ANDERSON — Three tons. That’s how much pet food Mitzy’s Morsels Pet Food Pantry handed out during its March distribution.

“We went through over 4,000 pounds of dog food and almost 2,000 pounds of cat food,” said Mitzy’s manager Shannon Clark.

That’s up from about 3,500 pounds at February’s distribution.

“It depleted our resources,” Clark said. “Luckily, we’ve gotten some more donations in. I’m just holding my breath.

“One woman just cried,” she added. “She said, ‘I am so grateful you’re helping me. I just lost my job and I didn’t know what I was going to do.’ ”

That same week of March, 1,135 people signed up for unemployment, up 2,602% from the 42 initial claims filed a week earlier.

“To be honest, I’m expecting a whole lot more in two weeks (with the next Anderson distribution),” Clark said. “People are losing their jobs and even if you’ve got unemployment, that doesn’t cover everything. It’s really a bad situation for people, so we try to alleviate that worry for them.”

Following social distancing guidelines, the pantry modified its procedure by turning it into a tailgate. Clients stayed in their vehicles as volunteers shuttled food out of the building to waiting cars.

The organization are hosting a distribution at the Elwood City Building from 10 a.m. to noon Saturday. Their next distribution in Anderson is set for April 17 and 18 at 3205 W. 25th St. They also distribute food through Operation Love and the Pendleton Library’s Read ‘n’ Feed program.

If you need help before their next distribution you can contact them through their Facebook page or by calling 765-623-5011. A volunteer will bring you a supply of food.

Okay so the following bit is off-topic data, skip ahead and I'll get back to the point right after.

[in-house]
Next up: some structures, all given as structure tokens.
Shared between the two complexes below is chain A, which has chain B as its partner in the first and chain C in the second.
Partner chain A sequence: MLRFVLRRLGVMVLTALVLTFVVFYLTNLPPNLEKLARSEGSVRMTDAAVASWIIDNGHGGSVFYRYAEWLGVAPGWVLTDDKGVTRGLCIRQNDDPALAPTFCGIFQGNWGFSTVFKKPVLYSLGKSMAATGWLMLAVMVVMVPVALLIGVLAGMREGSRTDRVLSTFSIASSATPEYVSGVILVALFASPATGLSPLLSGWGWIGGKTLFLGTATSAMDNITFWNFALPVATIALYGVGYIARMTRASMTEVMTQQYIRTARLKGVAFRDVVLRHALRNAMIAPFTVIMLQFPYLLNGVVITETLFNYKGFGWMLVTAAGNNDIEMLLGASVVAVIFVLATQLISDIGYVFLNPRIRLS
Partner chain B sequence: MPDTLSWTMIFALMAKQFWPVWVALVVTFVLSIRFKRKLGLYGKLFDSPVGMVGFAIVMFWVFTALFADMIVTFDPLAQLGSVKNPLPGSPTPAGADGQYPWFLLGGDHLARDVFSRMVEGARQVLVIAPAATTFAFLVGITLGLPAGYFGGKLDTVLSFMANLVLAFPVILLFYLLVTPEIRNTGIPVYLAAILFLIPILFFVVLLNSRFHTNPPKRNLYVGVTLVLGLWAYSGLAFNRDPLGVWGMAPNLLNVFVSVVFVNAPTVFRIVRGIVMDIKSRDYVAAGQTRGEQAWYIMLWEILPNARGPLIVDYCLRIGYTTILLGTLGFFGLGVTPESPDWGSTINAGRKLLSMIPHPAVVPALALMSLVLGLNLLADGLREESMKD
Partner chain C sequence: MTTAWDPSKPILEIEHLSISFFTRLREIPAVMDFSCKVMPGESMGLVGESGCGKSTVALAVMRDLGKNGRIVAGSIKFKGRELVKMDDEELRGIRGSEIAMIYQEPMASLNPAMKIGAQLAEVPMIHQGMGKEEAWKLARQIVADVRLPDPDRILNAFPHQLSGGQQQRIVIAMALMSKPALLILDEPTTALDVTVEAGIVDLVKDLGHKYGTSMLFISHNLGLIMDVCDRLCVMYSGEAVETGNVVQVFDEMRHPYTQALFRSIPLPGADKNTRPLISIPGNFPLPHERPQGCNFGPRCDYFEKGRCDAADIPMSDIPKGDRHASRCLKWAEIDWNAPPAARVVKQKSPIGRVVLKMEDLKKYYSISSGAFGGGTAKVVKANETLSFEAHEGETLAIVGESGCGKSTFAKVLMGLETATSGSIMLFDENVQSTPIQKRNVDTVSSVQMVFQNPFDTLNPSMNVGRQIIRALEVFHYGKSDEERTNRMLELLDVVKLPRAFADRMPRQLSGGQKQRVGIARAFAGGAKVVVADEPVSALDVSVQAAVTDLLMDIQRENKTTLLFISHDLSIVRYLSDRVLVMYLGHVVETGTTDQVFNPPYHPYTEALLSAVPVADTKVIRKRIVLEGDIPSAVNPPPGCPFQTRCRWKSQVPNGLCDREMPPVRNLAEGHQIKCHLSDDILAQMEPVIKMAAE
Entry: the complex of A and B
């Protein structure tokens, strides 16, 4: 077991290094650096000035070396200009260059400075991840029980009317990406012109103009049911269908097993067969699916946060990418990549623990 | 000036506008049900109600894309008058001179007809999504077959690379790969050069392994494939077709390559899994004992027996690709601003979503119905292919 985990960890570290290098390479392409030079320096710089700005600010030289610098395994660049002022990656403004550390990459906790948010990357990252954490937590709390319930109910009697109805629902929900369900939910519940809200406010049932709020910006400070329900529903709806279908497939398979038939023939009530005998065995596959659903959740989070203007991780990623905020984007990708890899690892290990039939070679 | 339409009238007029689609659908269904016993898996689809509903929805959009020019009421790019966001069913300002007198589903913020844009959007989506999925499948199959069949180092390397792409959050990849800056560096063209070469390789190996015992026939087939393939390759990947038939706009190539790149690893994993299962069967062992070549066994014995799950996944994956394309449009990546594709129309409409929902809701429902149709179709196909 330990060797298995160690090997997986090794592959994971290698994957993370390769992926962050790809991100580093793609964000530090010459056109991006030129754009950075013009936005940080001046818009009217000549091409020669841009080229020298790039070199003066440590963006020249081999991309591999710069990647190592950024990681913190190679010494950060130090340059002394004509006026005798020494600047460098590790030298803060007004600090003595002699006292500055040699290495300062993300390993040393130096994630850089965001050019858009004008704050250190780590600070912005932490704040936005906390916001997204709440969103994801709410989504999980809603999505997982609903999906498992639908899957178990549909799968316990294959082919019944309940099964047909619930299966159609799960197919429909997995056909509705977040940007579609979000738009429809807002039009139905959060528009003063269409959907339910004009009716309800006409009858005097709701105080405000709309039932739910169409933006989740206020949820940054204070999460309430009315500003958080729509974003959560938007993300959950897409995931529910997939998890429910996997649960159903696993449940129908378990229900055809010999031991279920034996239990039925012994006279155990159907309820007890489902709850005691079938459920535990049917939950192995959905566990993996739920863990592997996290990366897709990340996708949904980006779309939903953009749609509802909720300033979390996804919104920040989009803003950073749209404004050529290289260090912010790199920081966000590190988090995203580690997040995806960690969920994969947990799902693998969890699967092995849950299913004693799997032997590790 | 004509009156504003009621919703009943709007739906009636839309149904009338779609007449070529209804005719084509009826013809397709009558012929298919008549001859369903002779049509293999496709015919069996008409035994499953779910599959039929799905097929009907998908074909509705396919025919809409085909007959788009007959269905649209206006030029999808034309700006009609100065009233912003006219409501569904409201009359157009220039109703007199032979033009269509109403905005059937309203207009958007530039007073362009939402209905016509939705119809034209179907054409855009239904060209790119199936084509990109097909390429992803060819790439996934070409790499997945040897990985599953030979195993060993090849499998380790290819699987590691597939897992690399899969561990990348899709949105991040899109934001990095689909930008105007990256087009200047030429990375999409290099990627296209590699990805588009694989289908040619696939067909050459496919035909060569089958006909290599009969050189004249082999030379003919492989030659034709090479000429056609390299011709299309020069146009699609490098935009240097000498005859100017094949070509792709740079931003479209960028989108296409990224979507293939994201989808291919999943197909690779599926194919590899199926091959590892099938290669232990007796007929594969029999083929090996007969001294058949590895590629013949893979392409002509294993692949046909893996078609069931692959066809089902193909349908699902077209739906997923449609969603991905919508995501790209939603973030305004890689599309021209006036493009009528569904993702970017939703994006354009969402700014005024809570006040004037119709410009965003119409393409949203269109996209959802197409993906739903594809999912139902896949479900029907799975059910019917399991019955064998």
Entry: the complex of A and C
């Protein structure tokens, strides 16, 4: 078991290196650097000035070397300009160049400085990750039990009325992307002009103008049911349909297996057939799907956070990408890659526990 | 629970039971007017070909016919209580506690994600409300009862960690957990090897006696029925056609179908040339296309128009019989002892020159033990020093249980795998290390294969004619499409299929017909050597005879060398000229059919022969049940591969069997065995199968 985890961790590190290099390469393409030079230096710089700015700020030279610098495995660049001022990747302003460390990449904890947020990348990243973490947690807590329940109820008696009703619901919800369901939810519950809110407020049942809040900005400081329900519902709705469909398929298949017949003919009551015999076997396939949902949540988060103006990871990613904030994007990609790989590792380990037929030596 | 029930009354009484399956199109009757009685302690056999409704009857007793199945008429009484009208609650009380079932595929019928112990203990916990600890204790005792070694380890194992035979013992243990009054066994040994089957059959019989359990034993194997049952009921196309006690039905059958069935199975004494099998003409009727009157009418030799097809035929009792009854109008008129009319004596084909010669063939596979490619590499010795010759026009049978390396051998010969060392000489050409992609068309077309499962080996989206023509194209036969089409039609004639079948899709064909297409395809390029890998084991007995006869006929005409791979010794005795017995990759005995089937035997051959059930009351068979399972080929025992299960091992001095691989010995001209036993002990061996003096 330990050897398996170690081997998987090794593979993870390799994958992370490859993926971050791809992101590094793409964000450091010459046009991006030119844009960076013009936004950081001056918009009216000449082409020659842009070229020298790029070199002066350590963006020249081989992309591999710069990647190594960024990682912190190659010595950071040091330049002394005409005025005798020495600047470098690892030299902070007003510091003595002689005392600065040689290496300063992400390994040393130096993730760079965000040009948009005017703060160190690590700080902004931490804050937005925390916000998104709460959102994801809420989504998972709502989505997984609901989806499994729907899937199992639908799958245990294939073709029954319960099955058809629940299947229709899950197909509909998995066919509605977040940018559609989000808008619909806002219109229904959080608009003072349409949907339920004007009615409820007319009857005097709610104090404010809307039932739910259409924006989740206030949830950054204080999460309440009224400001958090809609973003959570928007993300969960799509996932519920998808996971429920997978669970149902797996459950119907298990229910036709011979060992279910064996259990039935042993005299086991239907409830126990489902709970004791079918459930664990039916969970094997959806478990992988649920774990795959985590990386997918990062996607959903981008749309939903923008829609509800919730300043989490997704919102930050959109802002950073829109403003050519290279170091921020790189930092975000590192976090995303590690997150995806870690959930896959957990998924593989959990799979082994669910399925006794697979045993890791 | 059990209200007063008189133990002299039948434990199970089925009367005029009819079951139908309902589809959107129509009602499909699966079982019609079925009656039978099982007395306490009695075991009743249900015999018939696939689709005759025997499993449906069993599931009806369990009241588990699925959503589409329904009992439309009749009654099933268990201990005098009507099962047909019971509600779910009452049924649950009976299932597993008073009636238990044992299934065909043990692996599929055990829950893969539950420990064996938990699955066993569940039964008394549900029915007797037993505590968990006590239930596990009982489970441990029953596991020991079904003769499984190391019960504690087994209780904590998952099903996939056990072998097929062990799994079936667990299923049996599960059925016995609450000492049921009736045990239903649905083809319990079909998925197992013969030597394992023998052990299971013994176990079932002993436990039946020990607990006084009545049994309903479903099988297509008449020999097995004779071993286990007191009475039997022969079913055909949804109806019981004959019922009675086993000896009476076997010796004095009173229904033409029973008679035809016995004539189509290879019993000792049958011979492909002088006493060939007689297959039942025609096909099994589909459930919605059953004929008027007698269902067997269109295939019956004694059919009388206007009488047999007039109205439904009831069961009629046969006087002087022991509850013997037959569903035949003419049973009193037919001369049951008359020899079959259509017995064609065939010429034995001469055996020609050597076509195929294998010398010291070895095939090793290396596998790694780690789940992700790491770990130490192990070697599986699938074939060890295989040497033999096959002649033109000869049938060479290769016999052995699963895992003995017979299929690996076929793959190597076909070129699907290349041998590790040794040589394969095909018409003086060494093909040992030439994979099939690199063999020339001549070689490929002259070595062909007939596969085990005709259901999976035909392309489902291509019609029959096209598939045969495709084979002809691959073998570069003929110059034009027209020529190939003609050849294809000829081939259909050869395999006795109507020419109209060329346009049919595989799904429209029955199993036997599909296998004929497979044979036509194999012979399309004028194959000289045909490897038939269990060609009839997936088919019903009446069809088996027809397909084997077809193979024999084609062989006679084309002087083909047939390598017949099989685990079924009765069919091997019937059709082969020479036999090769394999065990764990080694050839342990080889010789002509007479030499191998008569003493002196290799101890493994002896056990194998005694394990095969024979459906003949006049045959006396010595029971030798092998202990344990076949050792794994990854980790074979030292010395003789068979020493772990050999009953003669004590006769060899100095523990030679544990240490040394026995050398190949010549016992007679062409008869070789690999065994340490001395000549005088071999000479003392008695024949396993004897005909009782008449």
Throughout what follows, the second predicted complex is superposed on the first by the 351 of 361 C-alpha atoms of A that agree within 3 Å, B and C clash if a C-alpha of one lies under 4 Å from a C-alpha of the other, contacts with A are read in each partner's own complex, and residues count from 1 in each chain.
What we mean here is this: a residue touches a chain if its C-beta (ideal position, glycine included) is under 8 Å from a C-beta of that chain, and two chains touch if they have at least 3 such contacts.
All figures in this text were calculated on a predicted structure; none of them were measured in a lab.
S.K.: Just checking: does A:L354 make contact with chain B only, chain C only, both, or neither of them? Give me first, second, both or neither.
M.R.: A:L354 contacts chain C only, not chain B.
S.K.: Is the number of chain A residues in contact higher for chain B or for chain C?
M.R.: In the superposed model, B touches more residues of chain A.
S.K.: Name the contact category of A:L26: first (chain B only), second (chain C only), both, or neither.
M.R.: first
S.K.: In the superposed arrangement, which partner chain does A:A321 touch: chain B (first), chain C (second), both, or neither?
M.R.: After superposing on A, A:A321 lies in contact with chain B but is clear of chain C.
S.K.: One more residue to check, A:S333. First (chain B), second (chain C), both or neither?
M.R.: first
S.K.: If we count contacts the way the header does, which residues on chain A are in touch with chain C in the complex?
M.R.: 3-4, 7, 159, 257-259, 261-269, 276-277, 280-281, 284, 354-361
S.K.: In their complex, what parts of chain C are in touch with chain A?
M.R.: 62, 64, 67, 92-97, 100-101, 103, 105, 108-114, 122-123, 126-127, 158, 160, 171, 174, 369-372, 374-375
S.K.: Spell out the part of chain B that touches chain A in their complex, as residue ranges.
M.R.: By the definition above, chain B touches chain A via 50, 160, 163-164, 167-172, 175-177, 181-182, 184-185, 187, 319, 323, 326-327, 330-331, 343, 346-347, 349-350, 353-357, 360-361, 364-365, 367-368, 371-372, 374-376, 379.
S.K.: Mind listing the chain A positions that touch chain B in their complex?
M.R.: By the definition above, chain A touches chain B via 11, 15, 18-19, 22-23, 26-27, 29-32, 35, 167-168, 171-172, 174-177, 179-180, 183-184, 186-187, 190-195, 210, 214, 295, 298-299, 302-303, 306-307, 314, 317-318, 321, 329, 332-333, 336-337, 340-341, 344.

Both the Animal Protection League and the Madison County Humane Society have closed to the public, but are still making adoptions by appointment, and both have seen an increase in adoptions.

“We’ve had a ton of adoptions, probably close to double what we typically do, which is awesome,” said Nikki Moore, Humane Society shelter manager.

She attributes the increase to people who wanted pets but didn’t think they had the time for one now working from home and discovering they have the time.

You can view the animals online, fill out an application, then set up an appointment to meet.

While adoptions are up, both shelters report surrenders to be about the same.

“I’m a little surprised by that,” said Maleah Stringer, executive director of the Animal Protection League. “I would expect that to come a little later.”

In preparation for the possibility of a surge in surrenders, APL is actively seeking fosters willing to give a shelter animal a temporary home to open space in the shelter.

“I always suggest to people when they’re like, I don’t know what I’m going to do with myself...why don’t you foster an animal and get it out of the shelters?” Clark said.

For now, Stringer said APL has enough supplies for the most part, but staffers are struggling to find the bleach they use as a disinfectant. At the Humane Society, they have had to cancel fundraisers they traditionally hold in the spring. They rely solely on fundraising and donations.

Mitzy’s one-year anniversary is this month.

“We were really wanting to throw this great big party for all of our clients, really do it up good,” Clark said. “I guess we’ll have to do that at a different time.”

Follow Don Knight on Twitter

@donwknight, or call

765-622-1212, ext. 204567.

Follow Don Knight on Twitter

@donwknight, or call

765-622-1212, ext. 204567.

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